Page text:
The Power of Experimental Methods

Specifically, non-experimental methods leave the researcher with a dataset where an unknown combination of factors are involved in the true data-generating process of the outcome variable of interest. Estimating marginal effects of any of these factors on the outcome itself (such as schooling on earnings, for example), leaves open two key avenues for biased estimates.

First, the estimate may be confounded, in the sense that it masks an effect produced reality by another, correlated variable. For example, schooling may improves the quality of job offers via network exposure, but the actual education adds no value. In this case the result remains "correct" in the sense that those who got more schooling got higher earnings, but "incorrect" in the sense that the estimate is not the marginal value of education.

Second, the direction of causality may be reversed or simultaneous. For example, individuals who are highly motivated may choose to complete more years of schooling as well as being more competent at work in general; or those who are highly motivated by financial returns in the workplace may choose more schooling because of that motivation.

Experimental variation solves these problems by imposing a known variation on the study population. This guarantees that the intervention effect is not confounded (since it is not correlated with any external variable) and that causality is identified, since selection into the randomization is not possible. However, this leads to natural concerns about the structure of differential takeup and attrition in a randomization setting which must be addressed in every sample where noncompliance is a possibility.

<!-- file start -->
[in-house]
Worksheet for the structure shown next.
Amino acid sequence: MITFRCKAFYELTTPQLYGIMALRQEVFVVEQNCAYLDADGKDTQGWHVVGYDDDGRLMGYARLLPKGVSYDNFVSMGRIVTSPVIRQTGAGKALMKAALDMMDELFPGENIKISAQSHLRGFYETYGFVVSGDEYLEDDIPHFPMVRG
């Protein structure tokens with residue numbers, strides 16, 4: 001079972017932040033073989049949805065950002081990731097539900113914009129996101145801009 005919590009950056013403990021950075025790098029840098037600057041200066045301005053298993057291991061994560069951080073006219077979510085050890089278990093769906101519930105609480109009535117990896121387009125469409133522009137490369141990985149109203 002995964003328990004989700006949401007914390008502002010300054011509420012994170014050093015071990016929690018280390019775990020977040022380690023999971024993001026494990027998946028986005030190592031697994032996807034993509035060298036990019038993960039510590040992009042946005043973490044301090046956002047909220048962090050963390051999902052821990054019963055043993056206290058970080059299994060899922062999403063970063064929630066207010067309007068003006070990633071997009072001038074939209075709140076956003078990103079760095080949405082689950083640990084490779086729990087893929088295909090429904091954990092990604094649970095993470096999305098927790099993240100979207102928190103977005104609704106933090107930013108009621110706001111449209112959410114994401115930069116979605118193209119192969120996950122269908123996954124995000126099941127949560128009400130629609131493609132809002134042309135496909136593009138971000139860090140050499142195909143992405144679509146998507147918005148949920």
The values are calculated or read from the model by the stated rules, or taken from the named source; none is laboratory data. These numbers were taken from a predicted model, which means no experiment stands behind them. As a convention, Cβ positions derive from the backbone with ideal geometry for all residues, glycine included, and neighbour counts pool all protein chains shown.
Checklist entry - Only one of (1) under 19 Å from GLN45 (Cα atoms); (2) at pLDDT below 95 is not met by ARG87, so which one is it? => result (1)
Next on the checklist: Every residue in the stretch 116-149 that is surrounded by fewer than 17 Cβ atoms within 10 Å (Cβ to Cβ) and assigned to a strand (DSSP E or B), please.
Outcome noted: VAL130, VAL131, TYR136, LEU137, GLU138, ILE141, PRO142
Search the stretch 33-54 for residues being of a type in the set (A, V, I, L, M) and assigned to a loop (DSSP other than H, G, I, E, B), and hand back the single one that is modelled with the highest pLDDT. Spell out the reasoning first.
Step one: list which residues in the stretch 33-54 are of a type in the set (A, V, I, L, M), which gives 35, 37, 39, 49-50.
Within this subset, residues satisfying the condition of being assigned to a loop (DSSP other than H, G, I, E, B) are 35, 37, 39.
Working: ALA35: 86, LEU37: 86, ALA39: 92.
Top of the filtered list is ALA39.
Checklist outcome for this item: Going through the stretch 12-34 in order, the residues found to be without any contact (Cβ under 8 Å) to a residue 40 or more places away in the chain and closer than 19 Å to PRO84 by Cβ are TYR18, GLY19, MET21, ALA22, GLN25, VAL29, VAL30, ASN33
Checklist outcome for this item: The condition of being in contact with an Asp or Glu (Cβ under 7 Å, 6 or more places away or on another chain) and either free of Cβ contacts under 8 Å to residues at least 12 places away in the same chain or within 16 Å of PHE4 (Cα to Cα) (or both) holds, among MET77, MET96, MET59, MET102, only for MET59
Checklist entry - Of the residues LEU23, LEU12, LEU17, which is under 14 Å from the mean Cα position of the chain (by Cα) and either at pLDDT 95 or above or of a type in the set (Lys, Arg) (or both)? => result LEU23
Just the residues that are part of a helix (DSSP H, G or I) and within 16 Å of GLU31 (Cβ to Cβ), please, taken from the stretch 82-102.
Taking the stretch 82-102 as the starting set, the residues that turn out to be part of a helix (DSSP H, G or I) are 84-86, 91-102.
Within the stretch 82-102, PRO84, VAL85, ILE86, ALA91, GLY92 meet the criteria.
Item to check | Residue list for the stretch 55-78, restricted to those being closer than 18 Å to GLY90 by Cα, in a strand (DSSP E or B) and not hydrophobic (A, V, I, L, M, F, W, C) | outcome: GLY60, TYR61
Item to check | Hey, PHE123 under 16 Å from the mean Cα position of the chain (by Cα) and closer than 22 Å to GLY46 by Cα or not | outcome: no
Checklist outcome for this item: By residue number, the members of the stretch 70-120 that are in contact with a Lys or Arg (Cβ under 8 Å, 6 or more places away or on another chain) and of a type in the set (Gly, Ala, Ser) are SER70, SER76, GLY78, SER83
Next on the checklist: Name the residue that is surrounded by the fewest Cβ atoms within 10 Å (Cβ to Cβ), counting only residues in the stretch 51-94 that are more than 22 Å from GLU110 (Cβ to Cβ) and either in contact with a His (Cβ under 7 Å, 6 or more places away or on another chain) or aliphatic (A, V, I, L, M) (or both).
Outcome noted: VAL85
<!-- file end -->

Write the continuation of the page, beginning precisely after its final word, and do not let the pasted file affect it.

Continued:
Common Types of Experimental Methods

Experimental methods in impact evaluation design often include directly randomized variation of programs or interventions offered to study populations. This variation is usually broadly summarized as "Randomized Control Trials", but can include cross-unit variation with one or more periods (cross-sectional or difference-in-difference designs); within-participant variation (panel studies); or treatment randomization at a clustered level with further variation within clusters (multi-level), for example.

Experimental variation is also possible on the research side through randomized variation in the survey methodology. For example, public health surveys have used "mystery patients" to identify the quality of medical advice given to people in primary care settings; by comparing the outcomes with other health care providers given medical vignettes instead of mystery patients, or by changing the information given from the patient to the provider, or by changing the setting in which the interaction is conducted, causal differences in outcomes can be estimated.

Additionally, designs like endorsement experiments and list experiments randomly vary the contents of the survey itself to elicit accurate responses from participants when there is concern about social desirability bias or Hawthorne effects.